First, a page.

Environmental activist groups in Canada have accused the country's health ministry, Health Canada, of being secretly influenced by Monsanto when it renewed its approval of the chemical glyphosate, the primary ingredient in the company's flagship product, RoundupTM. Specifically, the coalition of environmentalists allege that the ministry relied on supposedly “independent” studies that turned out to be written by Monsanto itself.
Under Canadian law, all pesticides used in the provinces must be registered by the Pest Management Regulatory Agency (PMRA) prior to being allowed into the country. In 2015, the PMRA determined that “products containing glyphosate do not present unacceptable risks to human health or the environment when used according to the revised product label directions.” The decision was based on “...information provided by the manufacturer...a large volume of published scientific literature, [environmental] monitoring...and reviews conducted by other regulatory authorities.”
It was the information provided by Monsanto that environmentalists found troubling. Monsanto presented the material as having come from independent sources. Environmental groups are now claiming that those studies were either performed or underwritten by Monsanto. The allegations have been of enough concern to scientists at Health Canada that they are now reviewing those studies in order to determine their validity and whether or not the use of glyphosate should be suspended on the most common commercial crops (primarily chickpeas, maize, oats, soybeans, and wheat).
Sidney Ribaux, head of the Montreal-based environmental group Equiterre, is demanding more immediate action, calling for an immediate ban on the use of glyphosate. He says, “The risk assessment that led to the decision by the Canadian government’s regulatory agency to re-register glyphosate was based on fraudulent studies by Monsanto. This fact alone constitutes grounds for canceling the decision to renew the approval of glyphosate in Canada.”
Scientists with Equiterre and other activist organizations are conducting their own investigations, although Ribaux points out that, in the case of pesticides, “...the Health Minister has the discretion to establish a special review panel in such cases and to suspend a re-registration until a final decision is made based on this review.”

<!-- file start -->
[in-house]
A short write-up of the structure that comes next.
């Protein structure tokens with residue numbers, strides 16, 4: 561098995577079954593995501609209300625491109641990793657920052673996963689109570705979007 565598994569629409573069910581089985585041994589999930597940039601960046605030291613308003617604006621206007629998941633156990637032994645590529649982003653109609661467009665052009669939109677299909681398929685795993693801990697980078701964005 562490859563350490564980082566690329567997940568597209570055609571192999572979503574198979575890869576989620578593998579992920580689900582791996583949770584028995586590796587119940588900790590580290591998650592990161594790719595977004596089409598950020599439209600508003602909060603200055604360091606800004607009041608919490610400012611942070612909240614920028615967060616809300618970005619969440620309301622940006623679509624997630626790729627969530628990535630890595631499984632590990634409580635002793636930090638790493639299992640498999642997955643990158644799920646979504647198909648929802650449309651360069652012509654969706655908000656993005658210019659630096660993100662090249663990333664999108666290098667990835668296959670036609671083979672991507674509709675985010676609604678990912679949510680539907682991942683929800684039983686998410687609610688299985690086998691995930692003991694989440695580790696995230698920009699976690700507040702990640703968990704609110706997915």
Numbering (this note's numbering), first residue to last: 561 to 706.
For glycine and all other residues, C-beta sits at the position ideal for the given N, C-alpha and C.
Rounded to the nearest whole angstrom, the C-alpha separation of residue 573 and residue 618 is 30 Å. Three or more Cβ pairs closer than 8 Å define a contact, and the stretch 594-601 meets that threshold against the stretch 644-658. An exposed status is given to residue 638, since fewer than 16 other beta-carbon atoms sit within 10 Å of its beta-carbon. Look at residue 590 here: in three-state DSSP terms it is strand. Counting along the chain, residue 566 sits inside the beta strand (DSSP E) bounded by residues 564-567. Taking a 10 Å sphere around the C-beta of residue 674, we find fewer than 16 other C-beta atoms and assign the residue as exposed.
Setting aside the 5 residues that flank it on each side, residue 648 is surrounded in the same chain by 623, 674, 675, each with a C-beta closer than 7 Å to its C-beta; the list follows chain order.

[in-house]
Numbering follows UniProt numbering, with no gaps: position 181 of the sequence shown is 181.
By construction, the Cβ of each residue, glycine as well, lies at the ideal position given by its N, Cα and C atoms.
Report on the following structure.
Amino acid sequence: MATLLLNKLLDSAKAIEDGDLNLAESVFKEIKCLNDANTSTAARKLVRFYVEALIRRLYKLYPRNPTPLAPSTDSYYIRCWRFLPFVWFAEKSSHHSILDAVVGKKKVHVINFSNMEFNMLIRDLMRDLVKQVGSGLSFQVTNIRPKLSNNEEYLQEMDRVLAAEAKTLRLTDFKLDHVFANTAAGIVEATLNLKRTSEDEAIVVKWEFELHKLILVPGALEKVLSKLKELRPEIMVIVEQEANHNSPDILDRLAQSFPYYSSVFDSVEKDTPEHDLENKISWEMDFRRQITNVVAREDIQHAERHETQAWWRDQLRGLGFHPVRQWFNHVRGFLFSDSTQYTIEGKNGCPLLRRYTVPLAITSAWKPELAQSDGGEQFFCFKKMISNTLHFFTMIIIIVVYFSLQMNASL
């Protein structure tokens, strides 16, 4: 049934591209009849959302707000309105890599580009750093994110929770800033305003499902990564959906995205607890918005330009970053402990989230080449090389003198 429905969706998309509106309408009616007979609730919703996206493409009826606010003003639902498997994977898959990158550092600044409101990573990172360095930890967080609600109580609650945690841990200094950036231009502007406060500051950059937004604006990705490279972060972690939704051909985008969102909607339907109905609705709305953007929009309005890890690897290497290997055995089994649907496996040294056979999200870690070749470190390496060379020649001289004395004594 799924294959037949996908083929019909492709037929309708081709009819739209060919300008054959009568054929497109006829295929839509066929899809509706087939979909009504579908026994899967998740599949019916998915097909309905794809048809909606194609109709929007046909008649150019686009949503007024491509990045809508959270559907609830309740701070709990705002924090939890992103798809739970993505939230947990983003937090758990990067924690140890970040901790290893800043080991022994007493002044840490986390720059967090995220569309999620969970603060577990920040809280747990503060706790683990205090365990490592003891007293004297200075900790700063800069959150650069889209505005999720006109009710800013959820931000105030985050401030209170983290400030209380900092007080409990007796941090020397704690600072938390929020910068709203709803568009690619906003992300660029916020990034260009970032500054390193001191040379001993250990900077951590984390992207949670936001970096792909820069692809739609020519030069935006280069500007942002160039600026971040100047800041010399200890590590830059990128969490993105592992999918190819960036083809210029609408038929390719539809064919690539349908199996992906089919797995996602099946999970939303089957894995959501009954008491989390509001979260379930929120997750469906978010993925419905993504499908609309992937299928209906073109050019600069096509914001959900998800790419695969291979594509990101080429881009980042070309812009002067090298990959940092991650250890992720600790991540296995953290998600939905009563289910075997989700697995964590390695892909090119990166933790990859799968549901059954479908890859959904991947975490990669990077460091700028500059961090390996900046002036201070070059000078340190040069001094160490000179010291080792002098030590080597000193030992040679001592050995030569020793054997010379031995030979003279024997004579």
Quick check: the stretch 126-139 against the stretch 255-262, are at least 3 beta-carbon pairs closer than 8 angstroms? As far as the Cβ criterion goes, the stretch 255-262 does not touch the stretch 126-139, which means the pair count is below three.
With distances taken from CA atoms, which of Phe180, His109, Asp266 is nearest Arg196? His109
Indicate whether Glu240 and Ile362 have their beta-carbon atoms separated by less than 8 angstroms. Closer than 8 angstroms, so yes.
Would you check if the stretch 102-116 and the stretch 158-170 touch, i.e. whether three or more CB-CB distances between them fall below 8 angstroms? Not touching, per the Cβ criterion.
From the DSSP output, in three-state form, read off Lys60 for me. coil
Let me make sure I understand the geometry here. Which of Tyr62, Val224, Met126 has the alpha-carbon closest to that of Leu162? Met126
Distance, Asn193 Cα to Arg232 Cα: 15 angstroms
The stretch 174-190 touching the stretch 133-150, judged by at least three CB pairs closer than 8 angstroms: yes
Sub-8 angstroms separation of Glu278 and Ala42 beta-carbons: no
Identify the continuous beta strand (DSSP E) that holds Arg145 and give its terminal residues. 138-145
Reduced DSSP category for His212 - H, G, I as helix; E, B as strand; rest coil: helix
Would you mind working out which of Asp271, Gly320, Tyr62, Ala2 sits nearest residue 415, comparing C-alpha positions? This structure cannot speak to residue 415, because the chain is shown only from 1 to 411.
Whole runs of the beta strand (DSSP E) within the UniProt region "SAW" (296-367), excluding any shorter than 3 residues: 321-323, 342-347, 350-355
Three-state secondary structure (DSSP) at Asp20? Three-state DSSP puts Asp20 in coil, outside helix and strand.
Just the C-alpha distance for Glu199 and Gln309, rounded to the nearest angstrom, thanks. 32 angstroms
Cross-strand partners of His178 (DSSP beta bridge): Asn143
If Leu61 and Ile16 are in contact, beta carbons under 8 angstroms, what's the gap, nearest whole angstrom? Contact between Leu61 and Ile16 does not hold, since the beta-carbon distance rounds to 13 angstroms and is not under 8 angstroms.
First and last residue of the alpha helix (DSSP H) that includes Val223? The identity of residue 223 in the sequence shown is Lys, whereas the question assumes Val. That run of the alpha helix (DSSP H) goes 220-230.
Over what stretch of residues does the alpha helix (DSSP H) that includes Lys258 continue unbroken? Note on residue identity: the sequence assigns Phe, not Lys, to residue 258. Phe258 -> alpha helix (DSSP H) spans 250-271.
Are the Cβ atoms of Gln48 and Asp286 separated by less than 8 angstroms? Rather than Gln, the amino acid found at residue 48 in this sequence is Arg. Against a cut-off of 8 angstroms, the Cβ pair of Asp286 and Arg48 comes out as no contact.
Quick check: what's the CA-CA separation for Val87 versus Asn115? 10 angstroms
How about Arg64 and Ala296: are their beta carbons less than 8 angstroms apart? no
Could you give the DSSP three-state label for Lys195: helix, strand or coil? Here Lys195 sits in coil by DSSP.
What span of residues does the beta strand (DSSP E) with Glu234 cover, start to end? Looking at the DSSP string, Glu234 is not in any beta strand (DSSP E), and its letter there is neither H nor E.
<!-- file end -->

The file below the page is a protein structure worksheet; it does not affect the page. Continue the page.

Ribaux's accusations are well-founded. Canada is not the first country in which Monsanto has faced such allegations. In 2017, court documents came to light in the US revealing a history of close collaboration between Monsanto and the Environmental Protection Agency. It turns out that Monsanto representatives were in close communication with EPA regulators in efforts to conceal evidence of glyphosate carcinogenicity.
At the time of Monsanto's collusion with the EPA, the WHO's International Agency for Research on Cancer (IARC) was releasing its own report, which determined that glyphosate was indeed a “probable carcinogen.”
More recently, a federal jury in San Francisco awarded $289 million to a former groundskeeper who claimed his terminal lymphoma was caused by glyphosate exposure. Although this award was later reduced by several million dollars, the judgment itself against Monsanto stands – and there are more than 8,000 plaintiffs with similar cases awaiting their day in court.
The allegations in Canada are still just that – allegations. Nonetheless, it will come as little surprise if Health Canada scientists confirm that Monsanto has gone to go to great lengths to cover up the harmful effects of glyphosate and even convince consumers that it is somehow “beneficial” and “necessary.”